Tensions High as Portland Teachers Strike Enters its Second Week

Tensions High as Portland Teachers Strike Enters its Second Week
Families, students, and teachers march across the Burnside Bridge in Portland, Oregon, in advance of a districtwide, strike that began on Nov. 1, 2023. (Portland Association of Teachers.)
Scottie Barnes

The Portland Association of Teachers (PAT) strike has begun its second week of canceled classes, leaving nearly 45,000 children out of school.

Tensions are high between the two sides, with PAT supporters conducting what the district calls illegal activities by protesting outside district leaders’ homes and workplaces.

The union and PPS have been bargaining for nearly a year, with teachers working without a contract since June. The two sides remain about $200 million apart in their proposals, with sticking points on wages, class-size caps, and planning time.

Teachers and Portland Public Public School (PPS) administrators appear closer to a deal, with each side submitting new contract proposals over the weekend.

Both appear to agree on the number of holidays and days teachers can have for grading as well as fewer required meetings for teachers, but many sticking points remain.

PPS officials released what they said is “a significant offer, and it is not without trade-offs. Absent any new revenue, budget cuts will be unavoidable and we will need to implement significant cost-saving measures,” officials wrote.

But the union had harsh words for the district on Nov. 12.

“PPS has the ability to end the strike and put resources into schools that will benefit kids and yet they chose to squander another weekend and continue the strike,” PAT President Angela Bonilla said in a statement.

What’s on the Table?

In its Nov. 11 offer, PPS agreed that educators need better working conditions and compensation to “keep up with the financial reality of living in Portland.”

It proposed a three-year contract worth more than $147 million. The offer includes $30.5 million in new concessions since its “final offer” in September.

Teachers would receive an 11 percent cost of living increase over a three-year period. It also offers a 1.5 percent increase and a $3,000 per year stipend for special educators and those who take on additional responsibilities.

PAT is asking for close to 19 percent raises over three years, which is less than teachers had previously requested.

The district has offered to allocate $11.8 million to teacher planning time, giving elementary teachers 410 minutes of paid planning time per week. That is up from the current 320. The union has asked for 440 minutes for elementary teachers.

As the strike drags on, the strain is beginning to show.

A Combative Week

The tension between the two sides escalated last week.

The school accused PAT supporters and union members of illegally protesting outside of district leader’s homes and workplaces, as well at the Oregon Convention Center where school board member Andrew Scott was attending a meeting.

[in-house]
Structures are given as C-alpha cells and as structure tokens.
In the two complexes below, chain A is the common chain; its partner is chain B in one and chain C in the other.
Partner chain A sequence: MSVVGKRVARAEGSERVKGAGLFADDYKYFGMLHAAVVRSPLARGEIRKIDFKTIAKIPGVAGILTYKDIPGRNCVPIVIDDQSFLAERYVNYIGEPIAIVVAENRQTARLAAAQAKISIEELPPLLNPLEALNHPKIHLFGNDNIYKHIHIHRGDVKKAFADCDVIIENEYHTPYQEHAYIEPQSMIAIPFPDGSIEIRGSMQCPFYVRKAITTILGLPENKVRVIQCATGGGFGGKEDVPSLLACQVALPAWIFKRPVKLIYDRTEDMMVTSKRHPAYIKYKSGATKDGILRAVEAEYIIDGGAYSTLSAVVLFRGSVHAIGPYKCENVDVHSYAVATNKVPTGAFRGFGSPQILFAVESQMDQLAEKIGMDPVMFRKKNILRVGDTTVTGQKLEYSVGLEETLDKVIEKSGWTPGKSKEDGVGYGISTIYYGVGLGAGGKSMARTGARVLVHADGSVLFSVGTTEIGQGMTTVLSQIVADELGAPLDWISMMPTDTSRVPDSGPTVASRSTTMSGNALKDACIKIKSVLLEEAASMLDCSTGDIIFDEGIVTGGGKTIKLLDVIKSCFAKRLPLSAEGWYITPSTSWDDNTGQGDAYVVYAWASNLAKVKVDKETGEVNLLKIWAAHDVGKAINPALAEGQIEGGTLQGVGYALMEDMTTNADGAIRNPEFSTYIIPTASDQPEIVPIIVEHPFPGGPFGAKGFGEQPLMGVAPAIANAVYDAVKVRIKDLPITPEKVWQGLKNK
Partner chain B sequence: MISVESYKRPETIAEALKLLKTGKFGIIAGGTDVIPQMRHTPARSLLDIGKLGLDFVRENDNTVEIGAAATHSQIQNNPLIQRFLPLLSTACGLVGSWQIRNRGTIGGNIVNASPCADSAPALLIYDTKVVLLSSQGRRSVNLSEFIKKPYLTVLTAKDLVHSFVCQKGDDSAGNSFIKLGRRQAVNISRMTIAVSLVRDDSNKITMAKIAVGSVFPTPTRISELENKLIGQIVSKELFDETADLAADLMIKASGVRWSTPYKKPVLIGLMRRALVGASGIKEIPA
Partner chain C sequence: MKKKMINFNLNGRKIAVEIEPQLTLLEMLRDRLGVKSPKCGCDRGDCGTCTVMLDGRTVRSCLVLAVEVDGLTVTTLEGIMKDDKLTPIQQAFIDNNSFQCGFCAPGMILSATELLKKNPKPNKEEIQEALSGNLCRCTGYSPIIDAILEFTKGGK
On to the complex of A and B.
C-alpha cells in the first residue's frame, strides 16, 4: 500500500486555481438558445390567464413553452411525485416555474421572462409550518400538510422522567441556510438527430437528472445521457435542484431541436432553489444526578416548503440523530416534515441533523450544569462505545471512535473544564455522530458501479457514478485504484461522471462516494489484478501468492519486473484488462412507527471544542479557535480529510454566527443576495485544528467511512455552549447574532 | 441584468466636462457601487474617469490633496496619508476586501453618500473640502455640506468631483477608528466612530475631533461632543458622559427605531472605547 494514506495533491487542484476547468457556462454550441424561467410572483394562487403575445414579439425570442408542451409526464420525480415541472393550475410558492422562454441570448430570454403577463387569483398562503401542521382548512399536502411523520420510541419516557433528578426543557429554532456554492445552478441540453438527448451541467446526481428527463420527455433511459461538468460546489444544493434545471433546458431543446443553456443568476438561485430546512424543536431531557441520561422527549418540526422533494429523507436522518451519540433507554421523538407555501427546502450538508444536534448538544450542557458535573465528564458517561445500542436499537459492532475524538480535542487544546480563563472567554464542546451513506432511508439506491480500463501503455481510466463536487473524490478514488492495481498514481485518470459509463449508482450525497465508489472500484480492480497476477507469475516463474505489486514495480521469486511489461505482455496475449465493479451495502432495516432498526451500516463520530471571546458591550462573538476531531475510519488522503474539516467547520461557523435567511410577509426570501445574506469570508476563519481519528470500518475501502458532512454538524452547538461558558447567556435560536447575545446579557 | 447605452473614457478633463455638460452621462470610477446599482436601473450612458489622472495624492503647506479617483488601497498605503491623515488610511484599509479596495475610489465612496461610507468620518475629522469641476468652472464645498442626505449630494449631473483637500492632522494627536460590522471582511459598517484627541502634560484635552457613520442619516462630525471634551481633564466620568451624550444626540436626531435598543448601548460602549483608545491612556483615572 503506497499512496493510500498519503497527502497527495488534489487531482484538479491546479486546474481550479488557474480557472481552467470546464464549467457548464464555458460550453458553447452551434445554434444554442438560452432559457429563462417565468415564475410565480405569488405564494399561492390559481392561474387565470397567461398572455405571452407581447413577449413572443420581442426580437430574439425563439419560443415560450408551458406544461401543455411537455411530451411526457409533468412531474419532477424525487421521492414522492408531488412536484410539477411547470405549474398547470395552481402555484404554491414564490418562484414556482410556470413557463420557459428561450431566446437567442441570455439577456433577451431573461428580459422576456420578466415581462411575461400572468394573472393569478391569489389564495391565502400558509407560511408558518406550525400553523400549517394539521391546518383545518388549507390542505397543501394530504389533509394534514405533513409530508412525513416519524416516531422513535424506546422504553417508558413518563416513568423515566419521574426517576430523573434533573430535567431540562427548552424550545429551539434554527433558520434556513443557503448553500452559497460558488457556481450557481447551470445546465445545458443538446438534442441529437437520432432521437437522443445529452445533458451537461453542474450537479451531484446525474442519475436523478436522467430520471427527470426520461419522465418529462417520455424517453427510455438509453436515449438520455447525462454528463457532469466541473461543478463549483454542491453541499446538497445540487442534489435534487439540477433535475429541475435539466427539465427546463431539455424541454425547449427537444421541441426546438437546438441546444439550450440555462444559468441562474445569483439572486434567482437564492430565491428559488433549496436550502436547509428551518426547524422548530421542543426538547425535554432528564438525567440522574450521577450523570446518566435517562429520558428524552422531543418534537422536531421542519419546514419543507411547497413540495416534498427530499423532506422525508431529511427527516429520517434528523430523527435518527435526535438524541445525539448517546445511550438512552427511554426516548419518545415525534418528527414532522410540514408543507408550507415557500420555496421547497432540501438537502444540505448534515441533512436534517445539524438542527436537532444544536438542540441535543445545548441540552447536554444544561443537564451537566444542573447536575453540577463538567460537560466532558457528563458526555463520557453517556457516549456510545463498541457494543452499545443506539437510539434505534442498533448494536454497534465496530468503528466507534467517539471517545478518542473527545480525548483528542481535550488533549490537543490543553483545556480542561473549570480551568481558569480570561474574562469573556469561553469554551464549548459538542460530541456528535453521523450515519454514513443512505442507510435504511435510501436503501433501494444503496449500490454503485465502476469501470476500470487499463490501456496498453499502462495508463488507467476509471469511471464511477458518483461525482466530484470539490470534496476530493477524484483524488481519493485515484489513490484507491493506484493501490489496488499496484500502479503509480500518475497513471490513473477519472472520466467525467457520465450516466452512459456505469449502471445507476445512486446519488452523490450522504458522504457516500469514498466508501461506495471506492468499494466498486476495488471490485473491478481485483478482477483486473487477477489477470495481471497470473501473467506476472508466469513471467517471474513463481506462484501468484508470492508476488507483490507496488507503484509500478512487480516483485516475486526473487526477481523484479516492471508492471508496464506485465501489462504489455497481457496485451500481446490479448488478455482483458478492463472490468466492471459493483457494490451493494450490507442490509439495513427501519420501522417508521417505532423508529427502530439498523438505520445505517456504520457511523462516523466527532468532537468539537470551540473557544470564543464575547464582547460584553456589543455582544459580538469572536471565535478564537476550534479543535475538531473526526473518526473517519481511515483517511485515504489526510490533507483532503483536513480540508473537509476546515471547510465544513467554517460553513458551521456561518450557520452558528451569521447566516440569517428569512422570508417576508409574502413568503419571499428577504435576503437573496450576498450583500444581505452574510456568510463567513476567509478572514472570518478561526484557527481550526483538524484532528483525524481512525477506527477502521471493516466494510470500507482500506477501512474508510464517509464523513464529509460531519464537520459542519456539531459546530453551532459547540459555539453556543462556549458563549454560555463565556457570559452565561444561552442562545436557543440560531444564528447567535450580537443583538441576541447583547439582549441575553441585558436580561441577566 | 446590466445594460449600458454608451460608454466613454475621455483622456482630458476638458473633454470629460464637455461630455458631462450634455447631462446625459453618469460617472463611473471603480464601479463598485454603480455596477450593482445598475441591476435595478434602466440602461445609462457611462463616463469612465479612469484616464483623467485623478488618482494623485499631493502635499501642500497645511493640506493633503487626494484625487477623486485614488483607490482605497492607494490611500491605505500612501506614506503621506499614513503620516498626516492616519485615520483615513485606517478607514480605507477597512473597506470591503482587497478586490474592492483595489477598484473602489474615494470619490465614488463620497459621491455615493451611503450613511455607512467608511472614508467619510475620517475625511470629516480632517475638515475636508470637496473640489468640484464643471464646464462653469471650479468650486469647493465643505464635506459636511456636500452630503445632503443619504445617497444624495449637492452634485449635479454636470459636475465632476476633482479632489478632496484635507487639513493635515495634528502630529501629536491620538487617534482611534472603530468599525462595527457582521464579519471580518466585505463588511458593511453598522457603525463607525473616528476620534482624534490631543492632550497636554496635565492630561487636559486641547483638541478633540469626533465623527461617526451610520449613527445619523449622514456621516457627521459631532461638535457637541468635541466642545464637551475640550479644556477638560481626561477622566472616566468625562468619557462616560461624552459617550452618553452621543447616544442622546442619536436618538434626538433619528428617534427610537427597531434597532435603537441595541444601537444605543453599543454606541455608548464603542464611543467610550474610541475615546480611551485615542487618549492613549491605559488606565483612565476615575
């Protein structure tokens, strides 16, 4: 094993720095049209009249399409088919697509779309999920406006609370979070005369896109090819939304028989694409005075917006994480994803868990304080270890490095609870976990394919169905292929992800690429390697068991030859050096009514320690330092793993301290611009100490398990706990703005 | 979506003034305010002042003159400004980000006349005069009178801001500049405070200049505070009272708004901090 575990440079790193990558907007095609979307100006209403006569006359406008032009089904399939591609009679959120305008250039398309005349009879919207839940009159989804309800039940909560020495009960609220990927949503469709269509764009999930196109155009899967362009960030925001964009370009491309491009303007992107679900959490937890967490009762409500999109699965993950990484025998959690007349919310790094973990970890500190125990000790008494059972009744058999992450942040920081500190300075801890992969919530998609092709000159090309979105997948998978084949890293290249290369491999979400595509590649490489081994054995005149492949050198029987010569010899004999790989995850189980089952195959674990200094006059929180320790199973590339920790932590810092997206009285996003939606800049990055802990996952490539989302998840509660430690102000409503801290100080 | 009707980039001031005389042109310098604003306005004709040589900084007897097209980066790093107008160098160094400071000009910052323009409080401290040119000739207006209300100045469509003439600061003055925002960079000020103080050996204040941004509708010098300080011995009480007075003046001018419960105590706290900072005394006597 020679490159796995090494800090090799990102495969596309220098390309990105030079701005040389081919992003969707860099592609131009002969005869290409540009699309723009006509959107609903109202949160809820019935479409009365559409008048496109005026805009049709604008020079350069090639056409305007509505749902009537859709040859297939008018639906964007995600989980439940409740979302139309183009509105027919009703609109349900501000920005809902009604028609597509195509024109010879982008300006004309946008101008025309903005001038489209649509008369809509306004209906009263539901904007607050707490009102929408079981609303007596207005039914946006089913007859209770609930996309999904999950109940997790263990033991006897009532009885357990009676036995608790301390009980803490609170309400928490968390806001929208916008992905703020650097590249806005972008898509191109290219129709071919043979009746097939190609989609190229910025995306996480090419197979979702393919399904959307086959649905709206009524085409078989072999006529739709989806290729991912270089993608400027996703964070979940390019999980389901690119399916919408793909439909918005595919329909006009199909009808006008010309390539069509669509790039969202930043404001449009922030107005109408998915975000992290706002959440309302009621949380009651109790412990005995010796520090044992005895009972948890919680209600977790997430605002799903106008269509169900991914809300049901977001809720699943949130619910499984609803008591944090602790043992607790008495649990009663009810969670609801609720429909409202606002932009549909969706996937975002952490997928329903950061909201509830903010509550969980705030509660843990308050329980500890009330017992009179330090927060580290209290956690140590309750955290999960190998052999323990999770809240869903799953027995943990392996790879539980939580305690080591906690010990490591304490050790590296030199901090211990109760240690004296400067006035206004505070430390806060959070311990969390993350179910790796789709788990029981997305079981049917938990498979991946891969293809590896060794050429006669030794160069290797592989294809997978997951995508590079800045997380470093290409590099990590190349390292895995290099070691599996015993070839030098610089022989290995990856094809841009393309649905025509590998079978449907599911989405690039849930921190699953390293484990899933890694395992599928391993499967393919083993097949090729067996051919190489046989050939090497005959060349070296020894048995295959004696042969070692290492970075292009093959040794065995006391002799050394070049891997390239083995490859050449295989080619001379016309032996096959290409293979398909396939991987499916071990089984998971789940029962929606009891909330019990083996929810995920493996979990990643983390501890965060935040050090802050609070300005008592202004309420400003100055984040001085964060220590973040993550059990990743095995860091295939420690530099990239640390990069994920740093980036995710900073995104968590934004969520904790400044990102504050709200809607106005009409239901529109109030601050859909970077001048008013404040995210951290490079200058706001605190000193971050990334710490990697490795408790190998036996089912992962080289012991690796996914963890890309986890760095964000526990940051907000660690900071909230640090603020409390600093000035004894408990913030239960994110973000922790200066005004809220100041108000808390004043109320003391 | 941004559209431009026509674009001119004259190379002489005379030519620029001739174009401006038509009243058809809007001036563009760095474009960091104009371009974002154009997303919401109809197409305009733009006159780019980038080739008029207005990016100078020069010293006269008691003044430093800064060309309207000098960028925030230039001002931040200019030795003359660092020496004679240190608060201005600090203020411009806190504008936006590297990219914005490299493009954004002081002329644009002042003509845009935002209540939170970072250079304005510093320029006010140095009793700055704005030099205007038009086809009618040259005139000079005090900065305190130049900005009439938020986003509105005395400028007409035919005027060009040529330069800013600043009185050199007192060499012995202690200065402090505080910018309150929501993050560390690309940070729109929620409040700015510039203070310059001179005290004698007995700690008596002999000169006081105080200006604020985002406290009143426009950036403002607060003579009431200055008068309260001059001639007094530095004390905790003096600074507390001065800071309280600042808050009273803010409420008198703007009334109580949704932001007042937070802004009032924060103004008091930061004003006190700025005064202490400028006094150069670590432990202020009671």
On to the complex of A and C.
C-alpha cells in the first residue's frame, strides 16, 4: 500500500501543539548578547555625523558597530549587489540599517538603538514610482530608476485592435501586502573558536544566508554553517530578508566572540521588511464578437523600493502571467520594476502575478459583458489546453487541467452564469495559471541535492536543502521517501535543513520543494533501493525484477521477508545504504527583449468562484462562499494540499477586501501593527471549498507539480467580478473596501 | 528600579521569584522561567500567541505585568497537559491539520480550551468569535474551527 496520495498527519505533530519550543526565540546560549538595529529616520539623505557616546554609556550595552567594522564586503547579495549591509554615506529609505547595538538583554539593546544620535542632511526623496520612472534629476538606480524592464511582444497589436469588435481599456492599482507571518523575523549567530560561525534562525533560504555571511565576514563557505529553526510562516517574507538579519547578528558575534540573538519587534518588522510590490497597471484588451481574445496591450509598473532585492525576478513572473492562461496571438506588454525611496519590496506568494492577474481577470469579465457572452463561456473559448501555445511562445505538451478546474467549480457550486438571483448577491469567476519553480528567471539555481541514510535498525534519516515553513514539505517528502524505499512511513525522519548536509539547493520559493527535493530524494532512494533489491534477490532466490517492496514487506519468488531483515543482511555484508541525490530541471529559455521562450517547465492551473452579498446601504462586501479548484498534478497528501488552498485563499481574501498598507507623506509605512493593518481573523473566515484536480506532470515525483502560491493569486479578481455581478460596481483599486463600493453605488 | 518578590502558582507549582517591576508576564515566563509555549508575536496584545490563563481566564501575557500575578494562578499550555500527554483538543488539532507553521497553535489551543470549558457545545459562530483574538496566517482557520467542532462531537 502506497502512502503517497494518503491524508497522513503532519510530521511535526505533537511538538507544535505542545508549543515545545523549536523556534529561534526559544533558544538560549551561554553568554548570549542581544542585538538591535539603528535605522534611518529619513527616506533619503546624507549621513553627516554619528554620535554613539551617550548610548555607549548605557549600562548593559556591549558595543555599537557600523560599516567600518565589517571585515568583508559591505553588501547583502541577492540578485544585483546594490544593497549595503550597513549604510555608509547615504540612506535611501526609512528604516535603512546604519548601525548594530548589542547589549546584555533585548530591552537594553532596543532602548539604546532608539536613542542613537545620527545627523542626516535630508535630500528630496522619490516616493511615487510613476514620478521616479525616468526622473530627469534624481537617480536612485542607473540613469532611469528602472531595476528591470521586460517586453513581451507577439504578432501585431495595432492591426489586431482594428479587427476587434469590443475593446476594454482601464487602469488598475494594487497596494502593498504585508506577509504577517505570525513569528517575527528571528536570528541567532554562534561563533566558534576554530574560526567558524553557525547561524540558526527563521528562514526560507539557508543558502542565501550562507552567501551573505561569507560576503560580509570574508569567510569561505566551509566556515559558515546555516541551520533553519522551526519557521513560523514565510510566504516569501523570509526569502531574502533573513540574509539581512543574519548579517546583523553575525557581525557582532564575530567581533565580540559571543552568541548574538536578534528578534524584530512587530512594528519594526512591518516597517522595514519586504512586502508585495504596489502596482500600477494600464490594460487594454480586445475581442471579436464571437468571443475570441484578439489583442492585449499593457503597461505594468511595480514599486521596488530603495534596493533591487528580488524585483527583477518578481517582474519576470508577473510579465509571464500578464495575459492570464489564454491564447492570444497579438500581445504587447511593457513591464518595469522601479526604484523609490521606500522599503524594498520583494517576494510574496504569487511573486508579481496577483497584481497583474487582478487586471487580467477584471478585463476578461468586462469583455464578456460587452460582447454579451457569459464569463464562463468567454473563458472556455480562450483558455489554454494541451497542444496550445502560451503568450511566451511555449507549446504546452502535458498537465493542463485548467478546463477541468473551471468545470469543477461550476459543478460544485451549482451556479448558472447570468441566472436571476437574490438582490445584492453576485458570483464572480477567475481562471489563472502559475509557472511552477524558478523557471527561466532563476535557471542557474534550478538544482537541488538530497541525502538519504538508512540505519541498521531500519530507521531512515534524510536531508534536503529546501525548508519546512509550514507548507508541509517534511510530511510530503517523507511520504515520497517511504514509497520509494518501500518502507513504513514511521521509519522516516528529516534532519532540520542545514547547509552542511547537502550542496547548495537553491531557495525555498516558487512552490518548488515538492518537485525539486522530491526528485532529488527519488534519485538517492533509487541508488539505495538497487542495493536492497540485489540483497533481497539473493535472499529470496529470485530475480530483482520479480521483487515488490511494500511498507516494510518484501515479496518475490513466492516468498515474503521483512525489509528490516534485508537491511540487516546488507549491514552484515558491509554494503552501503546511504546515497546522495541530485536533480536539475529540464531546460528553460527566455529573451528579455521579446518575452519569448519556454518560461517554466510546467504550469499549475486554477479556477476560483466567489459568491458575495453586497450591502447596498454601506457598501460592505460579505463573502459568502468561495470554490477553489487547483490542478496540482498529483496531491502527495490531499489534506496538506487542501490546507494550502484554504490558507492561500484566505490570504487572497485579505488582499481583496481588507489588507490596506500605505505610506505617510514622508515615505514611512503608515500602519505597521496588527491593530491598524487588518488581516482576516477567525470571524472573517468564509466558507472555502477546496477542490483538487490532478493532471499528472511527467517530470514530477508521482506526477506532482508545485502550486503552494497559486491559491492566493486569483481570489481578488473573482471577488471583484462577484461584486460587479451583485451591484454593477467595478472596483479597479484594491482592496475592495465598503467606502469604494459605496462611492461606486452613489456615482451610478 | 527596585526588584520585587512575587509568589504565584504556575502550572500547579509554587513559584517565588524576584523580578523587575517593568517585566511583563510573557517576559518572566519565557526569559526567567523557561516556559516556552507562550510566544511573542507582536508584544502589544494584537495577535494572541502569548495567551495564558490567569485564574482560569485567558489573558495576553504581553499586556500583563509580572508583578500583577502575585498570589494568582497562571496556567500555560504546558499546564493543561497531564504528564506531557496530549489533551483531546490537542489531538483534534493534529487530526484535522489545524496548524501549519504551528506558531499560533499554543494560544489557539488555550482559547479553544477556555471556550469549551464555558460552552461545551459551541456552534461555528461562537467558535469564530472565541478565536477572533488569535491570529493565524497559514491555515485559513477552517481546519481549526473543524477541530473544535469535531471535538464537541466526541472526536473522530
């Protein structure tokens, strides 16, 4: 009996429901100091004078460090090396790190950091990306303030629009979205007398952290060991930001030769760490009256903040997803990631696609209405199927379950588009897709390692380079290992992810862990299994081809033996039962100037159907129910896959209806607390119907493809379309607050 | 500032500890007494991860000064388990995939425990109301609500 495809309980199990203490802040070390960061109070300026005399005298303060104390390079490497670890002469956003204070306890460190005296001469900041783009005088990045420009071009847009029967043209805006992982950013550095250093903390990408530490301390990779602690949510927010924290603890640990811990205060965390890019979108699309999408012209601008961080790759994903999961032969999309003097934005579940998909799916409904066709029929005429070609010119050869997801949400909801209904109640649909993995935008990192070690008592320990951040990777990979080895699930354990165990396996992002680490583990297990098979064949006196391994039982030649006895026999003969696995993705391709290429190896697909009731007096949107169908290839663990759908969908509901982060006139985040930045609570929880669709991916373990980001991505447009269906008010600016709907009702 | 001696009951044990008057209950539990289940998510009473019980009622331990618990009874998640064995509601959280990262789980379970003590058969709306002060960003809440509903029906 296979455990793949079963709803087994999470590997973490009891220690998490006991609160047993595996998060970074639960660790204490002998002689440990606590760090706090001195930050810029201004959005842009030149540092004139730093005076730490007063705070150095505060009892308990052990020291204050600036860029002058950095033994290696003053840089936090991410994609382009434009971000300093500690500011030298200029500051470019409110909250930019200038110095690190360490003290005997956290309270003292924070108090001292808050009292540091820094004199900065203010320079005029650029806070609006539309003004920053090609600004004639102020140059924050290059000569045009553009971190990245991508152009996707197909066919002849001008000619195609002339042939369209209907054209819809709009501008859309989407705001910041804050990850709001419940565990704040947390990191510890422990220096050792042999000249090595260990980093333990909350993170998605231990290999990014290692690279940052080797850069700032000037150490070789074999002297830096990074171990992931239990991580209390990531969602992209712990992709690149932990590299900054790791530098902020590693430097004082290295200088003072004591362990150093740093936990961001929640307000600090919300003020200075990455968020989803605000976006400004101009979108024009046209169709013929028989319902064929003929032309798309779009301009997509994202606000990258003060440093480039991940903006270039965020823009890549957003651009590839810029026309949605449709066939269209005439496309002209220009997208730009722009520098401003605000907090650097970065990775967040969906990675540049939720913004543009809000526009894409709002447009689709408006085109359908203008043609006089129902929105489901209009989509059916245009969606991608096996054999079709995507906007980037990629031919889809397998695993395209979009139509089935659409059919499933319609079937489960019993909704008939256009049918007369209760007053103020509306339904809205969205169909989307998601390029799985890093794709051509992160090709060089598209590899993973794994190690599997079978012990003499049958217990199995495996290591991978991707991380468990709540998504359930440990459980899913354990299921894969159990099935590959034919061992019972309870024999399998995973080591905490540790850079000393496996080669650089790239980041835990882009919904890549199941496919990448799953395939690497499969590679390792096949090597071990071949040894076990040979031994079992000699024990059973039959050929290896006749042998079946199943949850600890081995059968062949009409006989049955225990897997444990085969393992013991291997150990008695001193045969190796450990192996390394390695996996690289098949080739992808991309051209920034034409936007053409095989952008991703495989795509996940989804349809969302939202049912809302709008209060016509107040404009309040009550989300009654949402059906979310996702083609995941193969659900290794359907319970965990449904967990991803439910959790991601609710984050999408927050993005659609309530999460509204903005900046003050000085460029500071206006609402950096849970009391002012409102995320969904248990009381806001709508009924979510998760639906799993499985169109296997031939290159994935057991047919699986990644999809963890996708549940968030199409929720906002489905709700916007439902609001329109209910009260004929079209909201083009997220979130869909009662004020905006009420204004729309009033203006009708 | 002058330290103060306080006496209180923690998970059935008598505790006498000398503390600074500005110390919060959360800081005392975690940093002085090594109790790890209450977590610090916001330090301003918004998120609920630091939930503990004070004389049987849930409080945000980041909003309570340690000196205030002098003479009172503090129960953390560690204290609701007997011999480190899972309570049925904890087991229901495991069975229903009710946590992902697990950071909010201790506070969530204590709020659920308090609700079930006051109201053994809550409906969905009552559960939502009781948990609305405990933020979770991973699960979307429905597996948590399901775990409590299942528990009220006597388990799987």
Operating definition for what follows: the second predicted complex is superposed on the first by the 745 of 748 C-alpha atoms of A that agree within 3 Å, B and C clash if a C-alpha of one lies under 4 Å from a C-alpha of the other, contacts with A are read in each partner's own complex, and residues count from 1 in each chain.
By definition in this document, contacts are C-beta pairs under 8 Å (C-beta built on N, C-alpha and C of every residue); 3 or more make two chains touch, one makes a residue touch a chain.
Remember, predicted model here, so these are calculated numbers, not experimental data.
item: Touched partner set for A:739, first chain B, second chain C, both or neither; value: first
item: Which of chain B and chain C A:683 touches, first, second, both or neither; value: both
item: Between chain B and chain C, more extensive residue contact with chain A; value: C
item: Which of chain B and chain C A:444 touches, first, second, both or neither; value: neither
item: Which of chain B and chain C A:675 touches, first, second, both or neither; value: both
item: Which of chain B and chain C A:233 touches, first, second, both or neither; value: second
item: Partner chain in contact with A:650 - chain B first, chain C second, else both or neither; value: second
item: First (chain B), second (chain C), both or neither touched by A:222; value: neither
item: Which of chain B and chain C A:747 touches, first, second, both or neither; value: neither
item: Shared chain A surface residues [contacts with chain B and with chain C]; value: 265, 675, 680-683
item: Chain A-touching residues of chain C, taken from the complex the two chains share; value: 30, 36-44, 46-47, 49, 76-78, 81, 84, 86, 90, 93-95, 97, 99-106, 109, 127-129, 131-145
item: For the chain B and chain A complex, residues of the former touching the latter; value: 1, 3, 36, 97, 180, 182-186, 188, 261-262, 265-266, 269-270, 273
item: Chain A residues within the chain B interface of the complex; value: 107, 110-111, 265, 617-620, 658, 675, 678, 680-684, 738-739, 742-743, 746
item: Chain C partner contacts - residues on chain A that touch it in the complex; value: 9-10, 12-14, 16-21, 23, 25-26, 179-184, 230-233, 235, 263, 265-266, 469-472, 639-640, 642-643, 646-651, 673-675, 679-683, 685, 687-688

In the Nov. 8 letter on behalf of PPS, attorney Dennis Westlind claims that nearly 1,000 protesters marched from PAT offices to the convention center where Mr. Scott was attending an event in his role as deputy chief operating officer at Metro.

PAT protesters reportedly “surrounded” the convention center, chanting slogans including: “Andrew Scott you’re no good. Treat your teachers like you should!’”

Protesters reportedly gained early access to the convention center where they opened doors allowing others to enter the secured wing of the building where Mr. Scott and other Metro members were meeting.

The letter claims the group then “loudly protested and even attempted to force open the door to the conference room where the Metro team was meeting and then sheltering.”

Mr. Scott and others had to be evacuated from the facility, the letter claims.

In a separate episode, PAT supporters reportedly gathered outside the home of PPS Chief of Staff Jonathan Garcia and “threateningly taunted him by asking him if their presence made him feel uncomfortable,” according to Mr. Westlind’s letter.

“I respect a union and their supporters right to strike, protest, and advocate for their members,” Mr. Garcia wrote on X, formerly known as Twitter.

“However, coming to my home this morning was unacceptable. My wife nor my neighbors deserve to be shaken by strangers outside, no matter what they are chanting or doing.”

Elsewhere, after calling for a vote of no confidence in PPS Superintendent Guadalupe Guerrero, PAT supporters protested outside Mr. Guerrero’s home on Nov. 9. At the time, he was bargaining with the union, the letter said.

“If a labor union pickets the home or business of a member of a governing body with respect to a collective bargaining dispute, that may be grounds for an unfair labor practice charge,” Mr. Westlind’s letter continued.

PPS added the district is “evaluating other legal action that it may take to protect its employees and officials from PAT’s threats, violence, and terrorism.”

Scottie Barnes writes breaking news and investigative pieces for The Epoch Times from the Pacific Northwest. She has a background in researching the implications of public policy and emerging technologies on areas ranging from homeland security and national defense to forestry and urban planning.
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